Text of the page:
Nickel is one of Indonesia's leading products. Giacarta has promoted a "resource nationalism" policy to retain the wealth of mining in the country and boost internal growth. Chinese investors dominate the market, but Jakarta has to deal with the social and environmental costs related to the industry if it aims at creating a sustainable economy.
At the beginning of March, the price of nickel saw a 90% increase on the London Metal Exchange, reaching $ 100,000 per metric ton. As the extreme volatility of this metal does not affect consumers directly, unlike the appreciation of other commodities such as oil, it is a phenomenon to watch out for - especially for investors interested in Southeast Asian emerging markets.
Nickel is one of the most volatile metals, since its extraction and processing methods are not as standardized as that of other minerals. The production technologies are diverse, as it is also traded in the form of by-products such as iron nickel or pig iron - metals less refined than class 1 (99.8% pure) traded on the London Metal Exchange. Much of the nickel is extracted from laterite, of which some areas of Southeast Asia are rich, and from sulfide deposits. Unlike the latter, laterite is not so scarce, and it is a fundamental resource for the electric vehicle industry. For this reason, a large part of the investors employed in the automotive sector are interested in the fluctuations of nickel, to capitalize on those opportunities provided by the economies of Southeast Asia.
One of the main nickel producers in the world is Indonesia. According to the consulting firm McKinsey&Company, Jakarta averages 27% of the global nickel supply, and some analysts believe the country could increase its share of world production by up to 60% within the next eight years. "By 2028, we expect Indonesian (nickel) production to exceed total world production in 2020 by 2.5 million tonnes," said representatives from Macquerie, an Australian-based financial services institution. The increase in the supply of machined nickel is deemed to be seen as a victory for the Indonesian government, that has been committed for years to outlining regulatory measures that free national economic growth from the dominant role of exports of raw materials. The first crackdown was introduced in 2014, then eased in 2017 and re-established last year. The so-called "resource nationalism" promoted by Joko Widodo's government aims to encourage mining companies to invest downstream of the production process, limiting the export of raw ore and instead enhancing the value-added stage. Although the goal was to prevent the wealth carried by exports of crude metals from ending up in overseas refineries, many foreign investors have been involved in this transition.
China dominates the nickel industry in Indonesia. Indeed, Beijing boasts the largest automotive market in the world, and has seen impressive growth in the sale of electric vehicles in recent years - another factor that has contributed to the rise in the nickel’s pricel. However, it does not have a large availability of mineral deposits: the country's laterite reserves constitute only 3% of the world total. For this it must draw on the resources of its regional neighbors to support the internal development of the sector. Much of Indonesia’s nickel processing business is concentrated in Sulawesi, where the Chinese company Tsingshan operates Indonesia’s Morowali Industrial Park. Morowali is an Indonesian county with fewer than 200,000 residents, but it has attracted billions of dollars in Chinese investment in recent years. Battery material companies Zhejiang Huayou Cobalt, Eve Energy and Guangdong Brunp Recycling Technology injected up to $ 4 billion into the county in 2021 alone. Tsingshan founded Morowali Industrial Park in 2013. Today the plant belongs for 49,69% to the Chinese company Shanghai Decent Investment Group, 25.31% to Indonesian Bintang Delapan Group and the remaining 25% to their joint venture, Sulawesi Mining Investment PT. The project was included in the Belt and Road Initiative global development strategy launched by the Beijing government in 2013.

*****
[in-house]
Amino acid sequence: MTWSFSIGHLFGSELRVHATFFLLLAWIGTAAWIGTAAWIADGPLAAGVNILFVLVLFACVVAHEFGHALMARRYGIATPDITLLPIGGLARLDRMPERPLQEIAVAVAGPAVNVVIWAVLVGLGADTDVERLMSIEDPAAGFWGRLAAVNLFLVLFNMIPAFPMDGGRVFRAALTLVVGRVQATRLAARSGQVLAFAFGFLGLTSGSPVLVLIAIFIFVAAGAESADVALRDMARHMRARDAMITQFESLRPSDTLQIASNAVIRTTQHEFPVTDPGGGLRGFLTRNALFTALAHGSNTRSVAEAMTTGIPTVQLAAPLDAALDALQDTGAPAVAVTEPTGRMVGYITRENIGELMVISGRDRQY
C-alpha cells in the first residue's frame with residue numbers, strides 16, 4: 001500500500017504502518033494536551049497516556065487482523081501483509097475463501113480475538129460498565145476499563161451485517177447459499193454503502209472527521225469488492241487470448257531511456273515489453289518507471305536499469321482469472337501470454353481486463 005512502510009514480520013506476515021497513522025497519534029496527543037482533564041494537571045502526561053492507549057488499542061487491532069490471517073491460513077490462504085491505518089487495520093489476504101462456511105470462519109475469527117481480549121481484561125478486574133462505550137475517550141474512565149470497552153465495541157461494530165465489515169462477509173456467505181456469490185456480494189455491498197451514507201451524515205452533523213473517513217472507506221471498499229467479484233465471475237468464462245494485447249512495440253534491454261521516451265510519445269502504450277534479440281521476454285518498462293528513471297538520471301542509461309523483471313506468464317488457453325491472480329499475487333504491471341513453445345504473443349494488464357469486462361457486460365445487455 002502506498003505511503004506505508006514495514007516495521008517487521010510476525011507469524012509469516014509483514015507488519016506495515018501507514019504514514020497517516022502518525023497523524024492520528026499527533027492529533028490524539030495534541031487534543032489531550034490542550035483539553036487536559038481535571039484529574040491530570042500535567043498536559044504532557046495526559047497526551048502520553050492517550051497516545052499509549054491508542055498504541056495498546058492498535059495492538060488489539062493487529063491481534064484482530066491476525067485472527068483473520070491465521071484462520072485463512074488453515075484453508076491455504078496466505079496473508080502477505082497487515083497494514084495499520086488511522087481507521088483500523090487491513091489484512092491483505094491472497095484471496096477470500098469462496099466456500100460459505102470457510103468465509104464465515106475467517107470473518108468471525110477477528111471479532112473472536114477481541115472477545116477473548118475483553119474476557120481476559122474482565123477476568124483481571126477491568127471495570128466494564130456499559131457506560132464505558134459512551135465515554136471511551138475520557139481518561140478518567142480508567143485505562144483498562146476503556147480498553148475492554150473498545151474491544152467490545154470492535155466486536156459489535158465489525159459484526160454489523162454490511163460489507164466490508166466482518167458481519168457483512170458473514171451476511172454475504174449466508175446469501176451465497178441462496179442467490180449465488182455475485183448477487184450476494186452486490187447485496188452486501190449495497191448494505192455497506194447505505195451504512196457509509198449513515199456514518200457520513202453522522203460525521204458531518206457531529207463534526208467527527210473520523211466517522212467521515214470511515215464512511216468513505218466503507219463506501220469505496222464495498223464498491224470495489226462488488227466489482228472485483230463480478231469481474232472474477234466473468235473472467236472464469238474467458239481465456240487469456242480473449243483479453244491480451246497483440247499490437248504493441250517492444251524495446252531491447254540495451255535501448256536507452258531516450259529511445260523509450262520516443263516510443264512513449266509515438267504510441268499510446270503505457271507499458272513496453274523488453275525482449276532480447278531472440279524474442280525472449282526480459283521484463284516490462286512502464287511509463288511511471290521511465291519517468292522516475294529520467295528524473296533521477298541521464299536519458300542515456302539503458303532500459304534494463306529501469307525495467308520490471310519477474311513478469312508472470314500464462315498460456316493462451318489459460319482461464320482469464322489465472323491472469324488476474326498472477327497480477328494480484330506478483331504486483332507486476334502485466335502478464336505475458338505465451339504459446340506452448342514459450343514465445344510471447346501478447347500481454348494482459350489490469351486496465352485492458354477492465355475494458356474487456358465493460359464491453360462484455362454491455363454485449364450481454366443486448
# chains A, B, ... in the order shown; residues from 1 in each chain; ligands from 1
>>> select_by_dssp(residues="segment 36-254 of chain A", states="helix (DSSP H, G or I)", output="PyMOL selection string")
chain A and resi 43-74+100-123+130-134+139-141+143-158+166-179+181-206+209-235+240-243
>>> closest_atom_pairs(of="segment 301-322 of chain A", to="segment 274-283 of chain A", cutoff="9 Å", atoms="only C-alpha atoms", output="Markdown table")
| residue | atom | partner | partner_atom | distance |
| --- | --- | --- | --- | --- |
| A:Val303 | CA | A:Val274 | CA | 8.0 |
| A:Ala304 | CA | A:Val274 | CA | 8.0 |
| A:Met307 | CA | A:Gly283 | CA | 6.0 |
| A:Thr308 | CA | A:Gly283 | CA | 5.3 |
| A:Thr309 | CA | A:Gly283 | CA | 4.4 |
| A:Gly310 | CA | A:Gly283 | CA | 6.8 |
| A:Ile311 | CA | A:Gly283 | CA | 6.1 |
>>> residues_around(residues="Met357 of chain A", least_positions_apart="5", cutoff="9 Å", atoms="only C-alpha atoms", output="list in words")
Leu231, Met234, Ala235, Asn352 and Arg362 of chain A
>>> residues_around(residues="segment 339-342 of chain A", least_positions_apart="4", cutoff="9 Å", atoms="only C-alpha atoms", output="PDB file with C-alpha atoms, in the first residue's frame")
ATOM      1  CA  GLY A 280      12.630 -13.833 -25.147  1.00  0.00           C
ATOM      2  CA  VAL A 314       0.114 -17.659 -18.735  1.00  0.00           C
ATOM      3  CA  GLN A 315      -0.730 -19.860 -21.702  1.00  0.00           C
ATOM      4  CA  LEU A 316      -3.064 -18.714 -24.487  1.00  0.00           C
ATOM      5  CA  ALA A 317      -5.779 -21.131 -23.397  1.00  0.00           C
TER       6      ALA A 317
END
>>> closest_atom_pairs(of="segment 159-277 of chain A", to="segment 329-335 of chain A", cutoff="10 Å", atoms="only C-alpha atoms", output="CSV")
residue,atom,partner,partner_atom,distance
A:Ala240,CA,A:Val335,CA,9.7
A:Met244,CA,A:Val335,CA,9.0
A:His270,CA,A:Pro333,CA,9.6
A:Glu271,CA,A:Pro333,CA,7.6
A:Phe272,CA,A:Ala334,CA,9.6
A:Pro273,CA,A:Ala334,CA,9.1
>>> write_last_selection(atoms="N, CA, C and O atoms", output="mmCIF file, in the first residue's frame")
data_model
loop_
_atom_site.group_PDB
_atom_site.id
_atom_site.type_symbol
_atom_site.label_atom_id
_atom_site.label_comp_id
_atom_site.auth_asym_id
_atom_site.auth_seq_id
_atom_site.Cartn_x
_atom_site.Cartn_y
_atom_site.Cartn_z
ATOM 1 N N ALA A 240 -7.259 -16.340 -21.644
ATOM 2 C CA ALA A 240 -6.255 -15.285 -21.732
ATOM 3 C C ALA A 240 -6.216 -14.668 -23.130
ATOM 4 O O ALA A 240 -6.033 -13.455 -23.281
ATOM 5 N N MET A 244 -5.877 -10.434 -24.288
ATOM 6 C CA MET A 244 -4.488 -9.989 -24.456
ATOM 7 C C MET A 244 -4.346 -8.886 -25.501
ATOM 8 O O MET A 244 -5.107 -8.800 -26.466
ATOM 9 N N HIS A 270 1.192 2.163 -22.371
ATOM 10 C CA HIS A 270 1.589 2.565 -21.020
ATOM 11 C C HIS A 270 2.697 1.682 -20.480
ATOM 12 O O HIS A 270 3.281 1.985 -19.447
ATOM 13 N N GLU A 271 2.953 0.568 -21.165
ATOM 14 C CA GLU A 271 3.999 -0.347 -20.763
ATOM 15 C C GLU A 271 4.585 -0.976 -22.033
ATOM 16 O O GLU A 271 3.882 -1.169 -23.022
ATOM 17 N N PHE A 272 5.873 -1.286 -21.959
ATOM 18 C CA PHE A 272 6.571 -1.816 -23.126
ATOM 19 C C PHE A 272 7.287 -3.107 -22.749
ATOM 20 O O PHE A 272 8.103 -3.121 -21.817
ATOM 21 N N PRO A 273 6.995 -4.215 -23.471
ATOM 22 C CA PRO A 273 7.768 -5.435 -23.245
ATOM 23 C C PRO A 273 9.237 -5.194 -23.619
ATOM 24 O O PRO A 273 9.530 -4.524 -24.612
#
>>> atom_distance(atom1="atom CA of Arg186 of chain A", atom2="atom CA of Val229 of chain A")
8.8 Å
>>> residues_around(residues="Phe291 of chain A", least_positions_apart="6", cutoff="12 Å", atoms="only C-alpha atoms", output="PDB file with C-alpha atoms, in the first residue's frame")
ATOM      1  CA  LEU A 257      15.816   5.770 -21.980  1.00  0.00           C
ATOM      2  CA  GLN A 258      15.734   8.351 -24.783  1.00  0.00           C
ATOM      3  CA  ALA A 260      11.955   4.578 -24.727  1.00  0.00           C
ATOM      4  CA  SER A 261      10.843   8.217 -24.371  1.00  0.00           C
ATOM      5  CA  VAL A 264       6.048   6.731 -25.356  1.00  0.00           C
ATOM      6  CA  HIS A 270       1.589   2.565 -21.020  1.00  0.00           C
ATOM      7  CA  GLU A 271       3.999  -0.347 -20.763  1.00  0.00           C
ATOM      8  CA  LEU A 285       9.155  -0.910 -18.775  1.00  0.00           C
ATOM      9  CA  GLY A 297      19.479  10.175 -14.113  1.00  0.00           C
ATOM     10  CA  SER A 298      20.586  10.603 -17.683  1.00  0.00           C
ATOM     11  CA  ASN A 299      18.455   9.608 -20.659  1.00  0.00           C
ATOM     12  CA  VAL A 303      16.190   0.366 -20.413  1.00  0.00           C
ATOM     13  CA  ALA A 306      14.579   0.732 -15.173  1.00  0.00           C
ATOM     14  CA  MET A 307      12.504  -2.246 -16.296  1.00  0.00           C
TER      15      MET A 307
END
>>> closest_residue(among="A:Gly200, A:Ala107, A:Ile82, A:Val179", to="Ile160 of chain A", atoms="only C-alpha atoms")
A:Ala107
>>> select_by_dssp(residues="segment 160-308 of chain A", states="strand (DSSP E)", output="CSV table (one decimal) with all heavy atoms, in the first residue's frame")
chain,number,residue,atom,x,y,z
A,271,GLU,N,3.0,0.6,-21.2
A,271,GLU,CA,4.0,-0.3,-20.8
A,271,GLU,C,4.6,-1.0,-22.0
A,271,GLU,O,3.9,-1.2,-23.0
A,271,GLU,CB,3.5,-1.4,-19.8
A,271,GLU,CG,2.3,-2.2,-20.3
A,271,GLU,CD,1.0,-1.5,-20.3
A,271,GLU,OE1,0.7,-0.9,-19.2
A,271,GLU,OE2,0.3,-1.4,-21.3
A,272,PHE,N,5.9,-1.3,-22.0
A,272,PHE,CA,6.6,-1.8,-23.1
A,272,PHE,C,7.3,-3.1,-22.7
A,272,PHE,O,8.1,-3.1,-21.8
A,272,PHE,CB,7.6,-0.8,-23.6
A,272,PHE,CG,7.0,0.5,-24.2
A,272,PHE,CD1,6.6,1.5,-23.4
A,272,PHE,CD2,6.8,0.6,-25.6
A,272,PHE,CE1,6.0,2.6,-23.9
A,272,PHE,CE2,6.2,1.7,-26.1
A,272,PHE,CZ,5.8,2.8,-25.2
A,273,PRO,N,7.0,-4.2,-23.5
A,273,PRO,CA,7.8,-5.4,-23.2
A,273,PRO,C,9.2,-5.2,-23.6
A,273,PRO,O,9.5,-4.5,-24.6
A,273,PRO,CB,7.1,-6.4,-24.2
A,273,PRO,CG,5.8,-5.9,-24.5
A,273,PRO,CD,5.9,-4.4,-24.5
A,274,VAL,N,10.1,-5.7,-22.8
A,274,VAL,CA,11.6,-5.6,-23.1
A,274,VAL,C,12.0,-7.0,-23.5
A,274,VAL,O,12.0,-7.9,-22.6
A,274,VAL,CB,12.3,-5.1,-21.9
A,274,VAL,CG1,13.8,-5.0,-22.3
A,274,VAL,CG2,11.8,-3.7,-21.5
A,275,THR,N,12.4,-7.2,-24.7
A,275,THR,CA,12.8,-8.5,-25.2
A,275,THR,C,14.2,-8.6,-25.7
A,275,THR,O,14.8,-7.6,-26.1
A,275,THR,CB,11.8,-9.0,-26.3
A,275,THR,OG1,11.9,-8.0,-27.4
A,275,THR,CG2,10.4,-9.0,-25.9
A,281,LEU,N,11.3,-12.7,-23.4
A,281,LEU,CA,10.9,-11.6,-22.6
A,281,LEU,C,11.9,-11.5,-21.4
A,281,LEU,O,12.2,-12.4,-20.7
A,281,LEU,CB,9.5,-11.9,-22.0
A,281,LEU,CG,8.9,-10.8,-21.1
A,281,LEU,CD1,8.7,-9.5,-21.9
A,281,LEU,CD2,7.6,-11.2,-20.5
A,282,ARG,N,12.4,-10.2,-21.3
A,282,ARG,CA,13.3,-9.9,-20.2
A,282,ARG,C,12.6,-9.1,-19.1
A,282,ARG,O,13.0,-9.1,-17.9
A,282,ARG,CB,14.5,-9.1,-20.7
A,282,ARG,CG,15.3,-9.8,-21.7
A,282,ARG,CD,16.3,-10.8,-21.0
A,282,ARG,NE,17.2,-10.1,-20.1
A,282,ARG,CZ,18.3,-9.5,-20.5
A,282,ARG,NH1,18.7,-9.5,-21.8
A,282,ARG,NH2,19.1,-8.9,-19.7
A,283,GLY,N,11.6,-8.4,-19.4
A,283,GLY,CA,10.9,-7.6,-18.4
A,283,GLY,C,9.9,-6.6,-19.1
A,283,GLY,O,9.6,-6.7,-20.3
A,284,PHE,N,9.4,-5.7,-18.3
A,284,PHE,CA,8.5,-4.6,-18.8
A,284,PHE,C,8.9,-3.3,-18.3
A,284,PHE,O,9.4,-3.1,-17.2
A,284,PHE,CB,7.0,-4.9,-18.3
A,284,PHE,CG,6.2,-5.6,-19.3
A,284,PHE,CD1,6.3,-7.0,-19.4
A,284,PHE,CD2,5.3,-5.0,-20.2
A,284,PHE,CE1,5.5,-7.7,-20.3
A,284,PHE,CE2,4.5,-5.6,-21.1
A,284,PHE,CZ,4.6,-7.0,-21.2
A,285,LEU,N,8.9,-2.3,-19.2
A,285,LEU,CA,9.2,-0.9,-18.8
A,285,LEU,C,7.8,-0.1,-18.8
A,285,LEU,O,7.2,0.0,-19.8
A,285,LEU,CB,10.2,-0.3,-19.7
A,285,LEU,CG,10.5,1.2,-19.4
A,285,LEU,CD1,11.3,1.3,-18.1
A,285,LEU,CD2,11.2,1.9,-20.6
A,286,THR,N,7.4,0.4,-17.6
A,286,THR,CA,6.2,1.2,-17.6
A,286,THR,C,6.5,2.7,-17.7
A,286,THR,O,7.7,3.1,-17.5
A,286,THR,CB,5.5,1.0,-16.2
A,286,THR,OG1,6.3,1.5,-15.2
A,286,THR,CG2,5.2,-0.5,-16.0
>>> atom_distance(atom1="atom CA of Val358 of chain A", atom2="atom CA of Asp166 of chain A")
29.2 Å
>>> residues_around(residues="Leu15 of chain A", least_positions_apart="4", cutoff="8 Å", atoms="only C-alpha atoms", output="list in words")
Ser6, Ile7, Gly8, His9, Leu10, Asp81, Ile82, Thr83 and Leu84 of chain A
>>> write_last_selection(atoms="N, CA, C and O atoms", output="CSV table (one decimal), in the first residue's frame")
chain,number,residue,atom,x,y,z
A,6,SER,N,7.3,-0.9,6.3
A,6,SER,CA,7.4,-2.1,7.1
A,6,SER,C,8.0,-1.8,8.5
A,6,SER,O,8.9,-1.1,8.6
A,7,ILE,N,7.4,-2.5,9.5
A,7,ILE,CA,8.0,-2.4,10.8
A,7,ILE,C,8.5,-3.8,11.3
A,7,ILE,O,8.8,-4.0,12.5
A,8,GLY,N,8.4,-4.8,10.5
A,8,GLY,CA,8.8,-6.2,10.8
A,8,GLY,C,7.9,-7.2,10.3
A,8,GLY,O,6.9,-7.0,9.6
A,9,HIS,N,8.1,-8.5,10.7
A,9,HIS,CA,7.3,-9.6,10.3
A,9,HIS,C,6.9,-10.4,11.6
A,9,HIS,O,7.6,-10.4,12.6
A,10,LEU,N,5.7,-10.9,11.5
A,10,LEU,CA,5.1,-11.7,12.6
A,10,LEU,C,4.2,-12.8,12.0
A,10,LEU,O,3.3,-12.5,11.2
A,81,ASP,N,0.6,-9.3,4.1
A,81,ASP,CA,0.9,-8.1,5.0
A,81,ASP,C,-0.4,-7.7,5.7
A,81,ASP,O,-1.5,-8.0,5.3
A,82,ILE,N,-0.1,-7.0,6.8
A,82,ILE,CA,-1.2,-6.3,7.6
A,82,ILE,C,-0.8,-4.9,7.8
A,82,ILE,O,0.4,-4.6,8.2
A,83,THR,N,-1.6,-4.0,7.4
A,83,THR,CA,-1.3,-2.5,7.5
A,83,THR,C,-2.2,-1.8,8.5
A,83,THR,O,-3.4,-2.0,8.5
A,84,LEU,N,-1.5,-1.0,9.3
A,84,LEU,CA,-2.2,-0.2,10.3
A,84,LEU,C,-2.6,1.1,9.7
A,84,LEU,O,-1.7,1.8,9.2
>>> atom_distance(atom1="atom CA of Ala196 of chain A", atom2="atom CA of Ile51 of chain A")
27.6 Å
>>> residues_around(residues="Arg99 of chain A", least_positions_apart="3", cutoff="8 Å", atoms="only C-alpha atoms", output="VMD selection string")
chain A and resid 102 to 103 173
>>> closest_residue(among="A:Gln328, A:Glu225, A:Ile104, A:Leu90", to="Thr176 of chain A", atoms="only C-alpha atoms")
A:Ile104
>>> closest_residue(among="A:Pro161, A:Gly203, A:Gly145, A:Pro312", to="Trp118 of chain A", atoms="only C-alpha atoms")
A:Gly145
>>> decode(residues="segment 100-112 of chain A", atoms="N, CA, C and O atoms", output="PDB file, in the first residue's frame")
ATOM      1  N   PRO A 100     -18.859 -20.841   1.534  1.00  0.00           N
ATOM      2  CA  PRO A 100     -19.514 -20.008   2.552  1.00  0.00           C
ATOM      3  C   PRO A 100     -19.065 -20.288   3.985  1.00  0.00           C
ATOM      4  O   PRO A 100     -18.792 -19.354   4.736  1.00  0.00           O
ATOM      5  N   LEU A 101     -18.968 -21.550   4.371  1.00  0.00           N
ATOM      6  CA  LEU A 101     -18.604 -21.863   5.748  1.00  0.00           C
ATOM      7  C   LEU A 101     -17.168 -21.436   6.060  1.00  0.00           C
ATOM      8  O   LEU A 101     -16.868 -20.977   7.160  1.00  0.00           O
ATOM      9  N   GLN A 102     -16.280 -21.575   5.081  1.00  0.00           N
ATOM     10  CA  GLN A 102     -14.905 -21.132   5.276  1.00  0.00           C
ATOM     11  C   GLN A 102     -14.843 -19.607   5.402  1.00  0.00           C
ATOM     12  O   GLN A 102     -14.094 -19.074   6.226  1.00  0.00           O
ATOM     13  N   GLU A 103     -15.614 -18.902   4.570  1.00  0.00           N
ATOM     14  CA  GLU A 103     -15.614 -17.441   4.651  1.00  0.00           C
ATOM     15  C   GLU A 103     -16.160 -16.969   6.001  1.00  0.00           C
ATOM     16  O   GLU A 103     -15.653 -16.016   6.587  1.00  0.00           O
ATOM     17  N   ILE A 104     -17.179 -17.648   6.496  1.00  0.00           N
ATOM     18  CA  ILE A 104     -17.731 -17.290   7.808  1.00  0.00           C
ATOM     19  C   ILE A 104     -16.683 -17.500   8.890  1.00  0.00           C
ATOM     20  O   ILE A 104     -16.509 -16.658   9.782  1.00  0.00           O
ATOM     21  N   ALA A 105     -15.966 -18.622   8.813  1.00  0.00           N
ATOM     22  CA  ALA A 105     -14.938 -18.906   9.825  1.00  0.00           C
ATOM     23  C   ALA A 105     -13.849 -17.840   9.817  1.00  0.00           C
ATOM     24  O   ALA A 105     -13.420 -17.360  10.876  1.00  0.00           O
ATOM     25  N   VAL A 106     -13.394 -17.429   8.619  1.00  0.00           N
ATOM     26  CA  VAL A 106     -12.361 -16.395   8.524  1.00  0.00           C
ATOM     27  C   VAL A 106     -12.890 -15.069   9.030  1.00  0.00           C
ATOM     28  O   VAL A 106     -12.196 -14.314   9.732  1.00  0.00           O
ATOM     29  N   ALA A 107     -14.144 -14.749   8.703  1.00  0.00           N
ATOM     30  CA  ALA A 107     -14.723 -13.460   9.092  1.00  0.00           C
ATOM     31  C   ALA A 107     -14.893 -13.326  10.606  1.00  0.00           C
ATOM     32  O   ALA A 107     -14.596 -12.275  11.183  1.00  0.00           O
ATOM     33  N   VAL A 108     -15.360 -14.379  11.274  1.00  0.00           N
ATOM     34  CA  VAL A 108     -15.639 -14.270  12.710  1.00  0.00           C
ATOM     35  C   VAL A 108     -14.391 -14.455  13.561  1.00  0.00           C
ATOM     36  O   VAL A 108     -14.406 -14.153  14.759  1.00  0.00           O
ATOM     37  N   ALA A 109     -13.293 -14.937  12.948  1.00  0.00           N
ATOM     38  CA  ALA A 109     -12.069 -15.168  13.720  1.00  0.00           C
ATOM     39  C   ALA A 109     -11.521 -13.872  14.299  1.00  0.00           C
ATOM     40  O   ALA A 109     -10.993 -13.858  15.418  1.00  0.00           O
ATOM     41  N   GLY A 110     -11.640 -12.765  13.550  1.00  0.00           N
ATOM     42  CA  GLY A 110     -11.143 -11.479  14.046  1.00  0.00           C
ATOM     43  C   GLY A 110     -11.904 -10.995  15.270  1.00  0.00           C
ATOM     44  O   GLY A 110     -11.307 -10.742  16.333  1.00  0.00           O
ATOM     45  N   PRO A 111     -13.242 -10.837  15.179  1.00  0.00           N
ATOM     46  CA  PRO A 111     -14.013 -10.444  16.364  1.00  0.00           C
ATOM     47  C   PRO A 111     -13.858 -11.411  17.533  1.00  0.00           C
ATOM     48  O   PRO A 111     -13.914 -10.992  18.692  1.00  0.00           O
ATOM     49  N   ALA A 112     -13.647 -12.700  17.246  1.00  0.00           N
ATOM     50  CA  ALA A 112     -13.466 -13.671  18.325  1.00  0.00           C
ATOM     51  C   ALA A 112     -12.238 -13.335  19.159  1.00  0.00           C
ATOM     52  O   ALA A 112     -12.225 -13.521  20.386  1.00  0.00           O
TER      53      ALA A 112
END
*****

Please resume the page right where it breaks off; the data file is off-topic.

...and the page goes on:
Although the interests of Beijing and Jakarta intersect in the nickel processing sector, and many proponents of the Paris climate accords view this agreement as an important step towards more sustainable forms of transport, Indonesia faces some contradictions. The recent Omnibus law promulgated by the Indonesian government for job creation affects Jakarta's performance against ESG (Environmental, Social and Governance criteria) standards, especially with respect to public participation. According to Angela Tritto, a researcher at the Hong Kong University of Science and Technology, environmental impact assessments can only be challenged by people "directly affected" by the negative externalities of projects. Often these people do not have sufficient financial resources to engage in lawsuits. Additionally, two reports appeared last year by AEER and the Rosa Luxemburg Foundation warned of the dangers of deforestation and flooding that often accompany mining initiatives in Indonesia, as well as the onerous shifts that the workers are forced to endure without receiving adequate compensation. The Indonesian primacy of nickel’s supply entails various social and environmental costs: this is why investments in the sector should take into account that the transition to electric vehicles alone is not enough to guarantee sustainability.